Just less than six months after the breast reconstruction, her healthy right breast was made smaller and a nipple was reconstructed on the left breast. Once the incisions had healed, a nurse tattooed an areola around the reconstructed nipple.
The patient said that after the diagnosis she was at first sad and frightened, but had gone fishing for a day with her daughters and gradually calmed down.
At the moment she is happy with her life. The children have grown up and left home and she is studying for a new qualification.
She can now pursue any activity, even jogging, thanks to the fact that her breasts are not oversized any longer. The scars cannot be removed, but they do not disturb her. Memories of the past experience are recalled when she is standing in front of a mirror.
TRAM flap reconstruction
The patient had been diagnosed with breast cancer three years earlier and her left breast had been removed then. Losing a breast is always a tough thing but I had consoled her by promising her that a new breast would be constructed once she had recovered.
Three years after her mastectomy she returned to my office, expecting me to deliver my promise.
We chose the method carefully together. She wanted the breast to be reconstructed with her own tissues. Moreover, her wish was that there would be no scarring on her back since she was a musician. Her healthy remaining breast was beautifully round, and since below her navel there was a suitable amount of tissue, we chose the TRAM flap procedure.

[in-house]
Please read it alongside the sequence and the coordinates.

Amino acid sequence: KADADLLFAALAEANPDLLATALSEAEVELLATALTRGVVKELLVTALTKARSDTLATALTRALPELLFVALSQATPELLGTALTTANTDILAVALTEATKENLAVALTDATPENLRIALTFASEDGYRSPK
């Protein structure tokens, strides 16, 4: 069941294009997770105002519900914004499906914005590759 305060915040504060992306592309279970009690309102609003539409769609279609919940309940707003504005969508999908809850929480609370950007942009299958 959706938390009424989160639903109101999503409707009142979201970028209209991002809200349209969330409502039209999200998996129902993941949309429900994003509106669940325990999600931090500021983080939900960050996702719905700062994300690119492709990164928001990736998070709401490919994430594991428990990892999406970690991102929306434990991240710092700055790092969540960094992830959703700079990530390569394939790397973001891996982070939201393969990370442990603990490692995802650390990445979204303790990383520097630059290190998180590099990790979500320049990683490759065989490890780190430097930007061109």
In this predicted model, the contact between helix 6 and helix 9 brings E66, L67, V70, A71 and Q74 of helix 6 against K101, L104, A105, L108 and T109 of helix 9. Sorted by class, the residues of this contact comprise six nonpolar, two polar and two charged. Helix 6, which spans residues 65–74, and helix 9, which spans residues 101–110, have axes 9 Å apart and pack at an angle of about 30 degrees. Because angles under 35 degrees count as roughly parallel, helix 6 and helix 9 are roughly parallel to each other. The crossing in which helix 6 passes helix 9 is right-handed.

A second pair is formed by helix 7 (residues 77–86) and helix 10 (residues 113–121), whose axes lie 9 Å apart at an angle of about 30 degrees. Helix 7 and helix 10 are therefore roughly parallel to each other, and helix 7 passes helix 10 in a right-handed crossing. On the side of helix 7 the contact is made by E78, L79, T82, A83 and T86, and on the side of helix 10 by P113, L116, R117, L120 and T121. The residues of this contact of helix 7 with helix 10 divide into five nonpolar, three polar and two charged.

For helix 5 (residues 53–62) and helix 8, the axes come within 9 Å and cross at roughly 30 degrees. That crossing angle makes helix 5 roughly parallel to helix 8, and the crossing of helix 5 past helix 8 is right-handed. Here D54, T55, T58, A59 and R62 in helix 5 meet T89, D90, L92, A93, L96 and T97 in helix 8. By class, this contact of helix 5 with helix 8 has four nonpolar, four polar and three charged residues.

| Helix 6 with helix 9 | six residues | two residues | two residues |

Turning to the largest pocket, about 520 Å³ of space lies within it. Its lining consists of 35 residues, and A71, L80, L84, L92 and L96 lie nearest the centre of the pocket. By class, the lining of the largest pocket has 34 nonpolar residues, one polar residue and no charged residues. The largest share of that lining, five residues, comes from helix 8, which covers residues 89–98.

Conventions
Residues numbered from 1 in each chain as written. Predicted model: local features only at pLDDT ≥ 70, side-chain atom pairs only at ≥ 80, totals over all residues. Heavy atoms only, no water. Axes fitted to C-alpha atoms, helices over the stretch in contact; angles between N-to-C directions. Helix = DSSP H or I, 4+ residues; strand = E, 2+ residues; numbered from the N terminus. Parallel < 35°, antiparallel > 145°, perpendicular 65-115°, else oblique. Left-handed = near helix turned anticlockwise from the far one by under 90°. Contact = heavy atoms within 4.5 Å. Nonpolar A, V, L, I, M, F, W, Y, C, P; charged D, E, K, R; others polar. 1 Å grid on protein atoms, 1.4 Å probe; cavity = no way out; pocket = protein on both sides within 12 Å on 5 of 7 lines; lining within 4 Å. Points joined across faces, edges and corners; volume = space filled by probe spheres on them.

I explained to the patient that tissue would be transferred from her lower abdomen to form a new breast. The blood vessels supplying the tissue in the lower abdomen would also be detached and reconnected with the blood vessels in the chest. I would also reconnect the nerves, so that sensation could be restored in the reconstructed breast as far as possible.
The patient’s breast was reconstructed about three months ago. Everything went well. The patient stayed in the post-operative ward for five days, followed by six weeks of sick leave. After that she returned to work.
The patient visited the clinic recently for the finishing touches. I reconstructed a nipple using a small tissue flap and, once the incisions have healed, a nurse will tattoo an areola around the nipple. The breast will then be completed. Since the healthy breast is symmetrical with the reconstructed breast, there is no need to reshape it.
The patient is happy with the result already at this stage and is able to move on in life.